Tinker, Tailor, Soldier, Sailor
There's another version of this rhyme that can be found in The Counting-out Rhymes of Children (1888) by Henry Carrington Bolton:
Bolton explains that children would play a game whereby they would be able to learn their future professions (for boys) or their husbands' future professions (for girls). They would take a number of cherry stones (pits) and point to each one while reciting a word of the rhyme. Whichever one the child ended up on would be his, or her husband's, future profession.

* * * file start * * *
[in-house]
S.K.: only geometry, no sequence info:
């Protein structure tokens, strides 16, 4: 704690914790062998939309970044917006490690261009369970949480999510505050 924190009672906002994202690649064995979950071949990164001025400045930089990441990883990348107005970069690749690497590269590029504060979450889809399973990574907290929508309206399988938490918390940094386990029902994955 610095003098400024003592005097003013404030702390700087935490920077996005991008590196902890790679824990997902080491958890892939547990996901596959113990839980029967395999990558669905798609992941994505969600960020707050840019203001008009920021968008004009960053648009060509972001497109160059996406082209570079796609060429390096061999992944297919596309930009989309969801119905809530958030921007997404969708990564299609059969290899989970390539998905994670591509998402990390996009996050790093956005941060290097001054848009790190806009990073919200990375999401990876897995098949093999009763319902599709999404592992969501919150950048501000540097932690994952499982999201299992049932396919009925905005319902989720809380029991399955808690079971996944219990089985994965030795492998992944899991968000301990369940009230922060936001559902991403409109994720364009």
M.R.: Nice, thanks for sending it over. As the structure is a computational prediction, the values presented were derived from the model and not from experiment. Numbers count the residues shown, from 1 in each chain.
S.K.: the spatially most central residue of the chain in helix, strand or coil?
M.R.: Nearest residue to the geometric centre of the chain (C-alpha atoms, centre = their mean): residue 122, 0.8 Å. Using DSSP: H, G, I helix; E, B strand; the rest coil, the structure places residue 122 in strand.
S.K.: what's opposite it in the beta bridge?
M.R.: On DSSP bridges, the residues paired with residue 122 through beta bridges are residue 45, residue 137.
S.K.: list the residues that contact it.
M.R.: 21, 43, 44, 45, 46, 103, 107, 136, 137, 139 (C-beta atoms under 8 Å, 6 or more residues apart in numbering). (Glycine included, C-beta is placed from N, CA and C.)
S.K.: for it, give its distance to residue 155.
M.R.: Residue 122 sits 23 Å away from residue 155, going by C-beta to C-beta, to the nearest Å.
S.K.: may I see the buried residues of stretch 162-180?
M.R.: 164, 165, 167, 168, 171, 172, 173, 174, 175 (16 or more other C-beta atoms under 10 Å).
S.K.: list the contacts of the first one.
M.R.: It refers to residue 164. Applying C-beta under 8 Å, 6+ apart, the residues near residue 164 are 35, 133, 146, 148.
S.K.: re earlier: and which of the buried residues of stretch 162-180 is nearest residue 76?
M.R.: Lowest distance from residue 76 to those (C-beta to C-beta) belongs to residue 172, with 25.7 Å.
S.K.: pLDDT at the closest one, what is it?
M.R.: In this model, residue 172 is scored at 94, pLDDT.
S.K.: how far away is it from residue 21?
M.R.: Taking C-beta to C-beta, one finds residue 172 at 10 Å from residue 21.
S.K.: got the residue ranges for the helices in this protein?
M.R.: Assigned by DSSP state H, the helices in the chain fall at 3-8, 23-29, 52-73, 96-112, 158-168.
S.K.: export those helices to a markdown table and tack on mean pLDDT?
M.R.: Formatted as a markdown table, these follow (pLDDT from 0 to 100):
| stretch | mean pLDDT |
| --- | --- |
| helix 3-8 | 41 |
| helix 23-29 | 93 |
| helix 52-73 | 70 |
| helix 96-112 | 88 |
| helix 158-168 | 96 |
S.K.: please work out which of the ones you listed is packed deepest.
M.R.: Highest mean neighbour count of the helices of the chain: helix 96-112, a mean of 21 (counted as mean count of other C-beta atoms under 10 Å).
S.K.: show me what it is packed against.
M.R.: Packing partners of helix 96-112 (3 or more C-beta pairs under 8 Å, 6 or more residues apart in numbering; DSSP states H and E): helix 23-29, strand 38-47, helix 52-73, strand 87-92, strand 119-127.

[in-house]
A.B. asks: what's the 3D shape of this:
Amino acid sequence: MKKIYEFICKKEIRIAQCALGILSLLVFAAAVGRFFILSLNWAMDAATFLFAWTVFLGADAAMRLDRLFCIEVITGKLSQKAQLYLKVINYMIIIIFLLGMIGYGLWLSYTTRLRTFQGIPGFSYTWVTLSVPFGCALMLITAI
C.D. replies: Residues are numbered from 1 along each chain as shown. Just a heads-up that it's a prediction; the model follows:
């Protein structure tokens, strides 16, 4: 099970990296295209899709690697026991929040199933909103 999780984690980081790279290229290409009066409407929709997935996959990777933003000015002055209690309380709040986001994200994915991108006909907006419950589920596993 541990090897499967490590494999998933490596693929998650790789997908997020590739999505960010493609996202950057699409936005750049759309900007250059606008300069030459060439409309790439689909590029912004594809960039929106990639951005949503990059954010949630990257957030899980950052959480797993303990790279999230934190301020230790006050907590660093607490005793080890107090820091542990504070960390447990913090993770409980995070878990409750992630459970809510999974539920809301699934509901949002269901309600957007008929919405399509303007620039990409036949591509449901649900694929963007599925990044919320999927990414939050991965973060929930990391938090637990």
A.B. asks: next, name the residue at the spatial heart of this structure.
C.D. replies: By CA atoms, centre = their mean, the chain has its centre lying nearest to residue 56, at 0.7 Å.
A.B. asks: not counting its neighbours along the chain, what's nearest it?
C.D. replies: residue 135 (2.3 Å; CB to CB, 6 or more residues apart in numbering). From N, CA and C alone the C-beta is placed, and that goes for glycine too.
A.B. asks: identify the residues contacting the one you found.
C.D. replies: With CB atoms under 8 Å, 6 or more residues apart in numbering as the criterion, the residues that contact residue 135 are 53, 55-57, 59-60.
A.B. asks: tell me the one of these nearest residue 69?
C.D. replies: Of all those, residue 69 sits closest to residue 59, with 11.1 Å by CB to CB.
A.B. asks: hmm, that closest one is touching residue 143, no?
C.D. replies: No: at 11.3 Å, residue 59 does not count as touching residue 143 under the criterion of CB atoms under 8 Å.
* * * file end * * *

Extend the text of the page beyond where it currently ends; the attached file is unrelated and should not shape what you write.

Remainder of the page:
Then the child could go on with the following lines to determine what type of garment the bride and groom would wear to the wedding, what they'd drive to the wedding, where they'd live after they were married, and finally, when they'd get married...
Silk, satin, muslin, rags,
Coach, carriage, wheelbarrow, cart,
Palace, castle, cottage, barn,
(Or Big house, little house, pigsty, barn,)
This year, next year, three years, never.
Barbara used this rhyme for "fortune-telling" too. She wrote:
Tinker, Tailor, Soldier, Sailor,
Rich man, poor man, beggar man, thief.
referred to what you would become later in life.
MP3: Jason Pomerantz
Thanks and Acknowledgements
Many thanks to Monique Palomares for the great illustration!
Thanks so much!
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